Last night, EU veterinary officials approved the British BSE eradication strategy only after obtaining a pledge from Britain that it would slaughter any animal born from 1988 which might have been exposed to the BSE infection.
Britain caved in to German and Austrian demands that the slaughter plan, originally intended to target 80,000 animals, be extended from the earlier proposed selective cull to include animals born in 1989.
British officials said they had agreed to undertake that any traceable suspect animal will `jump the queue' in the existing slaughter programmes for cattle over 30 months old.
While Tory backbenchers seemed ready to follow Mr Major's lead into headlong retreat, there had been no certainty last night that all the EU partners would, in the end, be so amenable.
Speaking of the proposal to cull from 1989, Robin Cook, the shadow Foreign Secretary, said last night: "This is a massive climbdown. The Government has settled for a piece of paper which contains no dates and no guarantees."
That indictment prompted a belated offensive from ministers, with an unprecedented Commons press conference staged at five minutes' notice by Roger Freeman, the Cabinet minister who has been put in charge of the cattle cull.
Attempting to quash damaging suggestions that there had been no timetable involved, he said the feed ban and a cattle passport scheme would be in force by 1 August. The hope was that the effort could trigger the lifting on the ban on the export of grass-fed, BSE herds.
But when he was asked by the Independent to identify the trigger for lifting the ban on all British beef exports to countries outside Europe, Mr Freeman said: "I'm focusing on what happens immediately; what is the next step. I can't answer that. That is further down the road. I'm not trying to avoid it. I just don't know the answer."
Mr Freeman had also dismissed the calculation by the Agriculture Minister, Douglas Hogg, of 67,000 extra cattle to be culled, putting his own estimate of 25,000 on the extra kill - which would be voluntary and based on additional cash incentive.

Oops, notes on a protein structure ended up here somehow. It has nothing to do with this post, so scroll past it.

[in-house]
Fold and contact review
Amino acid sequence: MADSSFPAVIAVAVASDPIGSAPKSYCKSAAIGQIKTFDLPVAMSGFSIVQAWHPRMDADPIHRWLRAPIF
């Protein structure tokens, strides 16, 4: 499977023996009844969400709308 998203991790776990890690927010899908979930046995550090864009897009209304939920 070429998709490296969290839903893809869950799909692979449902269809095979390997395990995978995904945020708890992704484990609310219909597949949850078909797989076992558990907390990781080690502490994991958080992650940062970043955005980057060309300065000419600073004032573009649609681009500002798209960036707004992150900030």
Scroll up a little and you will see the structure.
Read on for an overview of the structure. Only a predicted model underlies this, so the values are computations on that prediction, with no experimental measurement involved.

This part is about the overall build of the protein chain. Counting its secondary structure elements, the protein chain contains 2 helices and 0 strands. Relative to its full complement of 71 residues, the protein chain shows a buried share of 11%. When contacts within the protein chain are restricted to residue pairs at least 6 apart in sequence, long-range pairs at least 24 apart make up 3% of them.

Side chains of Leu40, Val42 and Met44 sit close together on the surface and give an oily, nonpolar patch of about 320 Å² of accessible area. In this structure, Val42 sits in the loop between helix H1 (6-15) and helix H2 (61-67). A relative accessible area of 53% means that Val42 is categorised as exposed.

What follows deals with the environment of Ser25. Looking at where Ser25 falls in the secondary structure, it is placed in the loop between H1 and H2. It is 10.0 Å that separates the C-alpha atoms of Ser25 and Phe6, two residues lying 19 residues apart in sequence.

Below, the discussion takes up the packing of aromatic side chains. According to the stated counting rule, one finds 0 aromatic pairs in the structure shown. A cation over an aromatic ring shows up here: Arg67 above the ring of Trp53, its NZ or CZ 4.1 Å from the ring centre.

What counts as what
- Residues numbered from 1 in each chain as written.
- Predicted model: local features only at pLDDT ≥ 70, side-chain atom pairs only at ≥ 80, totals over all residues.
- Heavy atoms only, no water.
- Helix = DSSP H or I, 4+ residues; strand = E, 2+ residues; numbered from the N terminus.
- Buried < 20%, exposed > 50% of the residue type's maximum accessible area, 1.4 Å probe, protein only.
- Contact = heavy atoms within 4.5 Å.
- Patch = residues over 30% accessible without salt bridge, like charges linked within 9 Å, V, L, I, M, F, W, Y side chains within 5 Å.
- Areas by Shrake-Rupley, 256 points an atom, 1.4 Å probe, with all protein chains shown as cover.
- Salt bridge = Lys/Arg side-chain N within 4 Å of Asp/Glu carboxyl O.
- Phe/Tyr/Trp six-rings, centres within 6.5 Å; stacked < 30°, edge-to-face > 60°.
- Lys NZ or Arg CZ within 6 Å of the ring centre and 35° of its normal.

Never the less, Paul Marland, the MP for Gloucestershire West and chairman of the Tory backbench agriculture committee, said: "We haven't come all this way to be let down. It would be very, very difficult to get this through the Commons."
But the sceptic former Chancellor, Norman Lamont, said it was time for the Tories to "knuckle down" in the run-up to the general election.
In the tradition of all EU settlements, all sides should have enough to claim a victory at the EU summit in Florence on Friday and Saturday.
But, based on the outlines of the deal that emerged early yesterday, the Prime Minister by then had achieved nothing that could not have been achieved by patient negotiation.
Mr Major has made several concessions which will anger Euro-sceptics and farmers alike.His policy of confrontation and non-co-operation has, meanwhile, caused unquantifiable damage to Britain's standing in Europe, say observers.
But if all goes as planned, Mr Major will have his "framework" for the gradual lifting of the export ban on British beef, something which was definitely not on the table when he started his policy of non-co-operation. The ban will be lifted in stages. And the European Commission, three specialist committees and a majority of EU governments will have to be satisfied at each stage that Britain is properly enforcing the new proposals.
"He [Mr Major] will claim his victory. But we will claim ours," a German official said. "We have been begging the British for eight or nine years to come up with a comprehensive, verifiable plan for eradicating BSE . . . we have it now."
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